The remainder of the paper elaborates various requirements for constructing adequate explanatory theories on this basis. First, however, we need to analyse the notions of "cognitive phenomenon" and "cognitive process" in the light of the evolving understanding of cognition as computation. Hence we take a detour in our discussion (sections 5 and 6) to examine the fundamental distinction between 1) behavior governed by rules and representations, and 2) behavior that is merely the result of the causal structure of the underlying biological system. A primary goal of the paper is to defend this as a principled distinction, and to propose a necessary (though not sufficient) empirical criterion for it. This methodological criterion (called the cognitive impenetrability condition) supports the maxim that to be explanatory, a theoretical account should make a principled appeal to a computational model. Exhibiting an algorithm and a representative sample of its behavior is not enough. One must, in addition, separate and independently justify two sources of its performance: its fixed (cognitively impenetrable) functional capacities (or its "functional architecture"), and the "effectiveness principles" underlying its capacity to perform as claimed.

2. The cognitive vocabulary and folk psychology

Most people implicitly hold a sophisticated and highly successful cognitive theory; that is, they can systematize, make sense of, and correctly predict an enormous range of human behavior. Although textbook authors are fond of pointing out the errors in folk psychology, it nonetheless far surpasses any current scientific psychology in scope and general accuracy. What is significant about this is the mentalistic vocabulary, or level of description, of folk psychology, and its corresponding taxonomy of things, behaviors, events and so on.

Whatever the shortcomings of folk psychology (and there are plenty, to be sure), the level of abstractness of its concepts (relative to those of physics), and particularly its appeal to the way situations are represented in the mind (i.e., its appeal to what human agents think, believe, infer, want, and so on, as opposed to the way they actually are), seems precisely suited to capturing just the kinds of generalizations that concern cognitive psychology - e.g., the nature of our intellectual abilities, the mechanisms underlying intellectual performances, and the causal and rational antecedents of our actions.

It seems overwhelmingly likely that explanations of cognitive phenomena will have to appeal to briefs, intentions, and the like, because it appears that certain regularities in human behavior can only be captured in such terms and at that level of abstraction. For example, when a person perceives danger, he will generally set about to remove himself from the source of that danger. Now, this generalization has an unlimited variety of instances. Thus, generally, if a person knows how to get out of a building, and believes the building to be on fire, then generally he will set himself the goal of being out of the building, and use his knowledge to determine a series of actions to satisfy this goal. The point is that even so simple a regularity could not be captured without descriptions that use the italicized mentalistic terms (or very similar ones), because there is an infinite variety of specific ways of "knowing how to get out of the building," of coming to "believe that the building is on fire," and of satisfying the goal of being out of the building. For each combination of these, an entirely different causal chain would result if the situation were described in physical or strictly behavioral terms. Consequently the psychologically relevant generalization would be lost in the diversity of possible causal connections. This generalization can only be stated in terms of the agent's internal representation of the situation (i.e. in mentalistic terms). For a different example, the laws of color mixture are properly stated over perceived color, or what are called "metameric" equivalence classes of colors, rather than over physically specifiable properties of light, since they hold regardless of how the particular color is produced by the environment - e.g., whether, say, the perceived yellow is produced by radiation of (roughly) 580 nm, a mixture of approximately equal energy of radiations of 530 nm and 650 nm, by a mixture of any complex radiations that metamerically match the latter two wavelengths, or even by direct electrical or chemical stimulation of the visual system. We might never be able to specify all the possible physical stimuli that produce a particular perceived color, and yet the laws of color mixture shall hold if stated over perceived color. Hochberg (1968) presents a variety of such examples, showing that the regularities of perception must be stated over perceived properties - i.e., over internal representations.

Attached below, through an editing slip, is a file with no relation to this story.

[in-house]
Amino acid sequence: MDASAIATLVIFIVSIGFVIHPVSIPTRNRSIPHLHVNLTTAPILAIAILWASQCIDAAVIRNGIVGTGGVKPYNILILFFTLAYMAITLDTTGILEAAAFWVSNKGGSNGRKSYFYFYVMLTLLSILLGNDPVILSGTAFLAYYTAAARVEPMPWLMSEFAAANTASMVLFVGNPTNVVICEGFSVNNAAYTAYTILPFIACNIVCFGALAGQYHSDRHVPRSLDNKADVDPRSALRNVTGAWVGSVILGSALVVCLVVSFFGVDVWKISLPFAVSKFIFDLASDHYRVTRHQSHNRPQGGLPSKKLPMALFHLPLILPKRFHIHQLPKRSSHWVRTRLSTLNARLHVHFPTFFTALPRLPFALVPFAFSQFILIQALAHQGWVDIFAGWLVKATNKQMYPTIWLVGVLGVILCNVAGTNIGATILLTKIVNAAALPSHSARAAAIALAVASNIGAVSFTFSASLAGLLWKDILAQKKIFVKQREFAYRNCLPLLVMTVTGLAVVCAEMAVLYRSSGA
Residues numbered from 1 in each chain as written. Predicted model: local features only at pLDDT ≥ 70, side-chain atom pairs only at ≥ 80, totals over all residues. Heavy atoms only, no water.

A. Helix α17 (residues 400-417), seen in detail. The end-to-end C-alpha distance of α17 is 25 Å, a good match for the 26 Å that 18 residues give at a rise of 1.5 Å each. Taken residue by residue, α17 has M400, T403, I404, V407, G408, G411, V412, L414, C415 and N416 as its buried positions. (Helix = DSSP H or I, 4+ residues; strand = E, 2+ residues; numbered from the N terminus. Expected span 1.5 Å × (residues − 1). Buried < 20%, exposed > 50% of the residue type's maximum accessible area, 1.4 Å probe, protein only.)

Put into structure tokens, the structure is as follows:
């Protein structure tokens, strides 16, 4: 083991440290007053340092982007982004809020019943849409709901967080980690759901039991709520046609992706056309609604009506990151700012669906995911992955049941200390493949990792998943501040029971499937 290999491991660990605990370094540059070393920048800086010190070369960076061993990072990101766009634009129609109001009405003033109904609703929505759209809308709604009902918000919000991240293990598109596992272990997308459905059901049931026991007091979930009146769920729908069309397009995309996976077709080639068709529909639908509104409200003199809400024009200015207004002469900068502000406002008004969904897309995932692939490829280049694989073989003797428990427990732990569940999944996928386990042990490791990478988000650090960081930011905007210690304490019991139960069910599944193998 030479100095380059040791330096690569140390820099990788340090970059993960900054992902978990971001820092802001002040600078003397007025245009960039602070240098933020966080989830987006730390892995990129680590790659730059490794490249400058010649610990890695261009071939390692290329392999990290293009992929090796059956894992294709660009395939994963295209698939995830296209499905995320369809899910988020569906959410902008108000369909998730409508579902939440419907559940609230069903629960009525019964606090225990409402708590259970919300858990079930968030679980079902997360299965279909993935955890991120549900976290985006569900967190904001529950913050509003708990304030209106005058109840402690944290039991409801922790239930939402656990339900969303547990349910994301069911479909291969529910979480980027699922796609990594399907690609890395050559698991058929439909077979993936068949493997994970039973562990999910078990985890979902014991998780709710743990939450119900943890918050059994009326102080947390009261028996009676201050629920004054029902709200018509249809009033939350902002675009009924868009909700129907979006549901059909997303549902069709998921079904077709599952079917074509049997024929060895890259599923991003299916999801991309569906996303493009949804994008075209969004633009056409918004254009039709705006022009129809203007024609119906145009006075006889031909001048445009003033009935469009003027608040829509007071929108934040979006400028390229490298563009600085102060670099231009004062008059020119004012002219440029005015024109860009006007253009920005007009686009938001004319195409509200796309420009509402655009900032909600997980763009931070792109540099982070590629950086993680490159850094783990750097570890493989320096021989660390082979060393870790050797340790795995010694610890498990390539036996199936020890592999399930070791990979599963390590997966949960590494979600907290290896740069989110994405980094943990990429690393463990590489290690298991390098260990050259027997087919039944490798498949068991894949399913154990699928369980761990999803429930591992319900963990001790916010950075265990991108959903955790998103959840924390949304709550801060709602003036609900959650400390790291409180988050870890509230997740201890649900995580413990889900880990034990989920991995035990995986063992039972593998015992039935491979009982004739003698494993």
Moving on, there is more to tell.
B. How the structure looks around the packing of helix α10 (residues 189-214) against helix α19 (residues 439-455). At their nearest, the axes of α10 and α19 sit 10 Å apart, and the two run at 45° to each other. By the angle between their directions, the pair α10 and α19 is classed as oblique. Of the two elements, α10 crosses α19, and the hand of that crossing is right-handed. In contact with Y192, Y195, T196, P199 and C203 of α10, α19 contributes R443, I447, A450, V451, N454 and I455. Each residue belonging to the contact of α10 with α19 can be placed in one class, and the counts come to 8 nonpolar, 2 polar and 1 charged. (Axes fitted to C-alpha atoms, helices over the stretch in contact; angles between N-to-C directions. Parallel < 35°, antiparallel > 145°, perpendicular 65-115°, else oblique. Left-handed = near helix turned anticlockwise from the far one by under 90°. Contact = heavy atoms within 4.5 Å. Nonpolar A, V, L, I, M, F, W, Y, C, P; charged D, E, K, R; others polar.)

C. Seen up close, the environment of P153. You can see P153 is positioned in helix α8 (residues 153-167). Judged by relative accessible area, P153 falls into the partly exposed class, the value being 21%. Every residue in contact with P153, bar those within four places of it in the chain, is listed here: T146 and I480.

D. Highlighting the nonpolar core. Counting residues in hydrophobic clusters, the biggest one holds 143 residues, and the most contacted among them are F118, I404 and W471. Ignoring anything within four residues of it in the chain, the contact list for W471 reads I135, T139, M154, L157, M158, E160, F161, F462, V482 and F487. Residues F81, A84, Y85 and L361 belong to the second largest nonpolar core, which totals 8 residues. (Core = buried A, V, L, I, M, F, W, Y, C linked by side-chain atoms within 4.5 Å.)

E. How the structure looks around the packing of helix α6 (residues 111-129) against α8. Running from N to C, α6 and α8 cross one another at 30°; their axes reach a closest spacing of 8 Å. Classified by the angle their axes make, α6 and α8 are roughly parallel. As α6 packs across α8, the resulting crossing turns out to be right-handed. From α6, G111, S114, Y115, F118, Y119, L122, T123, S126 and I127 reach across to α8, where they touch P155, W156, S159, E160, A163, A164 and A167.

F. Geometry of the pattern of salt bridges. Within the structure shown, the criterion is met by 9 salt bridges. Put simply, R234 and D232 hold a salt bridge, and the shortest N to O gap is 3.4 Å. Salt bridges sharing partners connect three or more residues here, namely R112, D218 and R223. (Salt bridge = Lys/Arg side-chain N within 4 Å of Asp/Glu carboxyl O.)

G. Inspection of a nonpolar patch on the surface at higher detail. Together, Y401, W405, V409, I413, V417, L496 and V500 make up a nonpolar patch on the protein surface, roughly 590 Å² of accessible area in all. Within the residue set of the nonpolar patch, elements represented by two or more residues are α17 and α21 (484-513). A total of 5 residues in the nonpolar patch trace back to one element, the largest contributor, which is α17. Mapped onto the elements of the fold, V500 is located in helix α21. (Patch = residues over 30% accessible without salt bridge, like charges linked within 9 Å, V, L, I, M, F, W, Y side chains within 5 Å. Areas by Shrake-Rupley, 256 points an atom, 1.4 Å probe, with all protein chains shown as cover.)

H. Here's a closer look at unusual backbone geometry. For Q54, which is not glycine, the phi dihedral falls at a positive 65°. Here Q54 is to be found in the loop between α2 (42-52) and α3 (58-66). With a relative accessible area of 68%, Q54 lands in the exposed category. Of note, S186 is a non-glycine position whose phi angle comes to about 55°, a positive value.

Similarly, when a particular event can be given more than one interpretation, then what determines behavioral regularities is not its physical properties, or even some abstract function thereof, but rather each agent's particular interpretation. The classical illustrations are ambiguous stimuli, such as the Necker cube, the duck-rabbit or the profiles-vase illusions, or ambiguous sentences. Clearly, what people do (e.g., when asked what they see or hear) depends upon which reading of the ambiguity they take. But all physical events are intrinsically ambiguous, in the sense that they are subject to various interpretations; so psychological regularities will always have to be stated relative to particular readings of stimuli (i.e., how they are internally represented).